2. Emily says:

    I have been in severe chronic back and leg pain for 12 yrs after a work injury. I have tried to maintain a positive attitude and laugh at all the horrendus things that were happening instead of crying. But after a few yrs of constant pain that I’m told will be there all my life, after losing all my friends, after dealing with worker’s comp. for 12 yrs I jut feel like I can’t deal with this anymore.I’ve been trying to get disability for 2 yrs and am still waiting for a hearing date so I’m broke, lonely, depressed , anxious and don’r see an end to this. I’m told this is the way I’ll be for the rest ofmy life. Talking to a therapist does’t help pay the bills since I can’t work anymore, doesn’t get your friends back who are getting married and having kids and don’t have time for you. Worker’s comp. controls your treatment. At some point coping goes out the window and you you feel like you just can’t take this anymore and nothing is going to change. Worker’s comp. won’t allow any more treatments, It’s not negative thinking – it’s just the way things are.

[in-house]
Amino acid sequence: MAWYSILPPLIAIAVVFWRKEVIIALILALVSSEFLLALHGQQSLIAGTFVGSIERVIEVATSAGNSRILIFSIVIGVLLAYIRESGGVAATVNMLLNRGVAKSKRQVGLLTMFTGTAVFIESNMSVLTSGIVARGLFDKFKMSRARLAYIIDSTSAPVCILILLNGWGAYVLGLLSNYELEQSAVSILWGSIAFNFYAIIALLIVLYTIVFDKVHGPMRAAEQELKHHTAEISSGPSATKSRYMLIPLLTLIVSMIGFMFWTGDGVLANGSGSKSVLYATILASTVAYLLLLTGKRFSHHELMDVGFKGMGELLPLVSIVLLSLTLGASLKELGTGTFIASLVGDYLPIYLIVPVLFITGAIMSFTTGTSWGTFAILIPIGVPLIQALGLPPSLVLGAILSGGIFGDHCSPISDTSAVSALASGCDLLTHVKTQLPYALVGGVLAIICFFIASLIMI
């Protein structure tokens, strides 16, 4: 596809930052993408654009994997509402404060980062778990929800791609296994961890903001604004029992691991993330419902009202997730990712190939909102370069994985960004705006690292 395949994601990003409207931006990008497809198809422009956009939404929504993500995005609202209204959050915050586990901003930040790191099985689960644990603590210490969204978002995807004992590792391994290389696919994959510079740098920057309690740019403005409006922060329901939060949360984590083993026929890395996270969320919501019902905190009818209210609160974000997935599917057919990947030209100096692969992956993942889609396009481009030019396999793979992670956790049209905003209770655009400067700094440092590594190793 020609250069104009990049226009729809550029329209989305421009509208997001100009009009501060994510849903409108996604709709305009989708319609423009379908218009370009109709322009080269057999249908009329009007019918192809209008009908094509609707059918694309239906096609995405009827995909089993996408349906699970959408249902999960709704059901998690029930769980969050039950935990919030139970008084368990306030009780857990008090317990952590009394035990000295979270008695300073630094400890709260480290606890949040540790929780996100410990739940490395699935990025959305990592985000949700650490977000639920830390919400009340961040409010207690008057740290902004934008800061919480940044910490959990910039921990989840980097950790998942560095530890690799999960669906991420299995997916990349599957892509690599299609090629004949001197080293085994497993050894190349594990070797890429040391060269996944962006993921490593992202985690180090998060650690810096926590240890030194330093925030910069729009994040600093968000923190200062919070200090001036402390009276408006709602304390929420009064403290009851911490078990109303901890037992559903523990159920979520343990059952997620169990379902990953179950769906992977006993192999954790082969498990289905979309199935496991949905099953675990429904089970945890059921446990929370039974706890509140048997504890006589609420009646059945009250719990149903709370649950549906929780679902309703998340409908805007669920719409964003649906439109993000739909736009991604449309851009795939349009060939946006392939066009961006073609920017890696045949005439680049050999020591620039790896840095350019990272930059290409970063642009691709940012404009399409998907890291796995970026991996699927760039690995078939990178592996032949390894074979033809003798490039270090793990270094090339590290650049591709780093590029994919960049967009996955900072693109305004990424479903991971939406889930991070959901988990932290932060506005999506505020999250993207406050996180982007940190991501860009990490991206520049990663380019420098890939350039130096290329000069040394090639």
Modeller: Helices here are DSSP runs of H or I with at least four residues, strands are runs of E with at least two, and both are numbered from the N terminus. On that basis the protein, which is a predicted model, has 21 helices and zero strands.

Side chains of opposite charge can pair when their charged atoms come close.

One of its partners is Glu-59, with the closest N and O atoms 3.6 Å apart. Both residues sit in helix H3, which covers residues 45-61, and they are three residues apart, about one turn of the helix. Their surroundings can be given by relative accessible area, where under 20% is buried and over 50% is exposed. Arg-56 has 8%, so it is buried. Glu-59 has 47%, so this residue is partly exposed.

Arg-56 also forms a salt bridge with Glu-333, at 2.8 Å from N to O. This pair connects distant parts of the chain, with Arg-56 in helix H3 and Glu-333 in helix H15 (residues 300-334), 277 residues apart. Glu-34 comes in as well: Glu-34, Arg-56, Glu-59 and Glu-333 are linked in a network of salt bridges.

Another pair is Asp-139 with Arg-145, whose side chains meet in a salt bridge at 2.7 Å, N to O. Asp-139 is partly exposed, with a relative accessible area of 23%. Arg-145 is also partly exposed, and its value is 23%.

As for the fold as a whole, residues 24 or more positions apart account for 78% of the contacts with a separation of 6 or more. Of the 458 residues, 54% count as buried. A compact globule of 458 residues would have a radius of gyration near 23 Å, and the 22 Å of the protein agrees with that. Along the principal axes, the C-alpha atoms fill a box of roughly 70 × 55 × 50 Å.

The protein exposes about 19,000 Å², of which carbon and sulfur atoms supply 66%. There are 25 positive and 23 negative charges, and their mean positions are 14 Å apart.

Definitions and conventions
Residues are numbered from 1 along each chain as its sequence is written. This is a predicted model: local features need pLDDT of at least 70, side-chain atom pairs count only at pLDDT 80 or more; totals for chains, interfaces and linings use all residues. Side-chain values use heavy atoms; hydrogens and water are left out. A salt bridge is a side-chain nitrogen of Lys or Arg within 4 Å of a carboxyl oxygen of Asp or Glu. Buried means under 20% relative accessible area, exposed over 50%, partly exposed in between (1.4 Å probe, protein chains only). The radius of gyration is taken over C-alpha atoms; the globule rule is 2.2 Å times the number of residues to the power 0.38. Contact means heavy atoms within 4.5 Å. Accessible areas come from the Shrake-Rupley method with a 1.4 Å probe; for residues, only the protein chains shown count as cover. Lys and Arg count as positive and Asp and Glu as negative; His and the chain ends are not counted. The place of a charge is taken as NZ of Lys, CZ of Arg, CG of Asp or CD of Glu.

3. Emily says:

    This is in addition to previous statement – I feel like I have been repeatedly beaten down. Every time I deal with 1 problem and feel like things are better then something else happens that hits me and beats me down again until it gets very hard to cope and be positive. You get hit with so many bad things that finally it’s hard o get up again and get out of bed to face the next day and it’s challeges.

    • Hello Emily,
      I am sorry that you have been through so much. It must be difficult to get back up each day. I hope you will still keep trying. A good therapist can help you to learn to cope with all that has been happening. He or she can help you figure out how to make a future even though you have severe pain. It can be done. There is still hope. I wish you the best. Linda